Understanding Long COVID in Children

A masked boy in a hospital bed looks at his healthcare provider, who is checking his vital signs. She is wearing a mask and face shield.

Since the pandemic started, NICHD has led research to study the effects of COVID-19 on children, including a long-term complication called Multisystem Inflammatory Syndrome in Children, or MIS-C.

The NICHD-led initiative—Predicting Viral-Associated Inflammatory Disease Severity in Children with Laboratory Diagnostics and Artificial Intelligence, or PreVAIL kIds—reached its one-year milestone in December. The eight awardees have enrolled more than 4,500 prospective and 27,000 retrospective participants, including 700 with MIS-C, across the United States, Canada, United Kingdom, and South America. Several investigators are looking for biomarkers to help differentiate MIS-C from Kawasaki Disease, severe COVID-19, and other childhood illnesses. 
Since the program began, investigators have published more than 30 peer-reviewed papers.

One study supported by PreVAIL kIds helped explain how a treatment for MIS-C works. The treatment, called intravenous immune globulin (IVIG), depletes specific immune cells—activated neutrophils—that drive inflammation. Although more work is needed to learn why some MIS-C patients need additional anti-inflammatory treatments, the findings can help healthcare providers as they determine the most effective methods to treat patients with MIS-C.

Another group of PreVAIL kIds researchers presented biomarker findings at the annual American Academy of Pediatrics conference in October. They reported that higher levels of the cytokine CXCL10, when measured in saliva, were associated with more severe forms of COVID-19 in children. They also identified several microRNAs, also from saliva samples, that correlate with severe infection in children. Further testing and validation of such biomarkers can help predict a child’s risk for complications and enable early monitoring and preventive treatment.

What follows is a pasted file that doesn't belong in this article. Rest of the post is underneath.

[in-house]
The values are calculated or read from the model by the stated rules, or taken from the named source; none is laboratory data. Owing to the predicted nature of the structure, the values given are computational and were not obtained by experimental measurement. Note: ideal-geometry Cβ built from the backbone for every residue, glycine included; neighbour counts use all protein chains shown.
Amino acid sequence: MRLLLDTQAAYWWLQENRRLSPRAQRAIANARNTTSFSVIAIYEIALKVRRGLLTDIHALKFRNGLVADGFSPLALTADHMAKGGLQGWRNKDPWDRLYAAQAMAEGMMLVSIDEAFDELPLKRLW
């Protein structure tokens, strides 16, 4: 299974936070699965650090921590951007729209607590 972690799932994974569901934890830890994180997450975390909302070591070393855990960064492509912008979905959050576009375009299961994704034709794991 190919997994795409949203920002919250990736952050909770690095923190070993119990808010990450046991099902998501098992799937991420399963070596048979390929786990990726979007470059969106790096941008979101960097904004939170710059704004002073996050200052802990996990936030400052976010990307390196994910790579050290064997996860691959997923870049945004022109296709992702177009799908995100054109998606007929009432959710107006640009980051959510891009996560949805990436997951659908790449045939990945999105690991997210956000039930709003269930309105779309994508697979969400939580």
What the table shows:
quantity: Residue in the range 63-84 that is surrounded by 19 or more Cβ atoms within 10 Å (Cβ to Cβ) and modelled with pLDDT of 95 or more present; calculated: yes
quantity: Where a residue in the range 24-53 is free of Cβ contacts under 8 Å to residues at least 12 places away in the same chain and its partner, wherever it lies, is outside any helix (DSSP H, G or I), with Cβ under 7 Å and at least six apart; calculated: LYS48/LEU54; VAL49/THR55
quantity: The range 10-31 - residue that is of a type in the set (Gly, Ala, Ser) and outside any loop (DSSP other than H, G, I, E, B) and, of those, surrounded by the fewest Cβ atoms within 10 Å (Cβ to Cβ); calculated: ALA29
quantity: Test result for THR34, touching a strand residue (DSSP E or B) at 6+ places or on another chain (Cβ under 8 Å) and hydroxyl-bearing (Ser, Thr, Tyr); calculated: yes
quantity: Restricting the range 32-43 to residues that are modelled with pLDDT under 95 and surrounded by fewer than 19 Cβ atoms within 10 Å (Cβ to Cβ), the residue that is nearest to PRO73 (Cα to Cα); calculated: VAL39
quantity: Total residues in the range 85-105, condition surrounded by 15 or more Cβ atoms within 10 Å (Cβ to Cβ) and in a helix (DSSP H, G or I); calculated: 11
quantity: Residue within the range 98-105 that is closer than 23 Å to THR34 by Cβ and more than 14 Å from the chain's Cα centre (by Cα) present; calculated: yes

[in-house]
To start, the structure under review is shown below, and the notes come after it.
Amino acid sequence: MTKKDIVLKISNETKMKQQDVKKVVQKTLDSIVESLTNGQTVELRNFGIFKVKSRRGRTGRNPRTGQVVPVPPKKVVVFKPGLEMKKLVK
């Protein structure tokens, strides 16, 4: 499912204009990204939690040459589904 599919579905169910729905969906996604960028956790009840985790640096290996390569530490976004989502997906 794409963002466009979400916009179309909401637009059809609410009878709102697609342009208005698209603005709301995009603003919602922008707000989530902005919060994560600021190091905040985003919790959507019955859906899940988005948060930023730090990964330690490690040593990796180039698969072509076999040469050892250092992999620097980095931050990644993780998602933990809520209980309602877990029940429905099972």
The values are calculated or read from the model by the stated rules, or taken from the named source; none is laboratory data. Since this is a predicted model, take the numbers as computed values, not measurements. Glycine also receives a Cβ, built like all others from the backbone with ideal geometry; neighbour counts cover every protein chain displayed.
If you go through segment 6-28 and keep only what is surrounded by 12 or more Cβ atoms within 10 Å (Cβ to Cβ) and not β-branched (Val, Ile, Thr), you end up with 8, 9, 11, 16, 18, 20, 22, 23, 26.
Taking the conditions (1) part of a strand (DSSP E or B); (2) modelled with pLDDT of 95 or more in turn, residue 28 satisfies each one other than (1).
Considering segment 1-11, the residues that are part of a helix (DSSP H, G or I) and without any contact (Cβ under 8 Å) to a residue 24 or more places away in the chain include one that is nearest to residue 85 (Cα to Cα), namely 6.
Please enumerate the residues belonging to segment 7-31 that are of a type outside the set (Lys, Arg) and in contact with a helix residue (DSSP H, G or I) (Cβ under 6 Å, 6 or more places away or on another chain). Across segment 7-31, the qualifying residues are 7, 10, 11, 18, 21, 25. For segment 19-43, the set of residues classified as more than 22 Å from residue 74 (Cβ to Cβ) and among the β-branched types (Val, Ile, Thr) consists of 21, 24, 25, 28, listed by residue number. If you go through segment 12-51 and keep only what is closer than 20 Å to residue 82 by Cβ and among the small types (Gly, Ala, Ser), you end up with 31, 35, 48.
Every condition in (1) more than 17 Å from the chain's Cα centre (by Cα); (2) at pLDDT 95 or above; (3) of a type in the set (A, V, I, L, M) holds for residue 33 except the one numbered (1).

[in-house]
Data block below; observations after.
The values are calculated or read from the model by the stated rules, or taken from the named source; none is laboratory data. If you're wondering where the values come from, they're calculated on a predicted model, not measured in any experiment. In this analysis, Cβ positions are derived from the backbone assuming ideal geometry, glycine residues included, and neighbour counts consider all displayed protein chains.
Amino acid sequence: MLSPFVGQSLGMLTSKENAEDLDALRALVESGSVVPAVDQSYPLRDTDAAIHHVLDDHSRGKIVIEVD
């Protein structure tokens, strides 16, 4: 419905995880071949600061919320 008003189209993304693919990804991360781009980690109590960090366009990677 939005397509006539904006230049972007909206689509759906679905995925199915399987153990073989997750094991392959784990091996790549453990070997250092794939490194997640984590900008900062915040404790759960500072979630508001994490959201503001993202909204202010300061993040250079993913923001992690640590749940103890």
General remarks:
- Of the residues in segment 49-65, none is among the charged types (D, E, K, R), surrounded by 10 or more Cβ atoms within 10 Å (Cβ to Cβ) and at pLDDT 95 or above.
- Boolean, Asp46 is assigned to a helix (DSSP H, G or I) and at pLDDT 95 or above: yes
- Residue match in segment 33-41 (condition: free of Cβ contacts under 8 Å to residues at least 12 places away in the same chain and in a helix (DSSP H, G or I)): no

PreVAIL kIds investigators also compared immune responses among children hospitalized for COVID-19. Children diagnosed with MIS-C had activated (i.e., more inflammatory) immune profiles, similar to adults with severe COVID-19. Researchers also found a key role for CD8+ T cells, a type of specialized immune cell that helps clear viral infections. Children with MIS-C also had waning inflammatory immune activity over time, whereas other pediatric COVID-19 patients had sustained immune activation. These differences can help researchers and healthcare providers better tailor treatments for children with COVID-19 who have MIS-C and those who do not.

Another team of PreVAIL kIds researchers evaluated more than 1,400 proteins in children with COVID-19, including those with MIS-C. This “proteomic profiling” enabled the study team to classify children with MIS-C, including those who go on to develop additional complications, such as organ damage caused by small blood clots and overactive immune responses. The researchers found that dysregulation of the interferon gamma (IFNγ) pathway—a type of inflammatory response—contributes significantly to the development of MIS-C. The study team also identified candidate biomarkers and predictors of disease severity, which can help healthcare providers treat pediatric patients. For example, a patient’s level of IFNγ inversely correlated with disease severity; those with high IFNγ levels tended to have less severe disease while those with low IFNγ levels needed additional treatments for heart and vascular injuries. If the study’s results are validated, testing for these proteins in the hospital can help doctors identify patients at risk for MIS-C-related heart problems.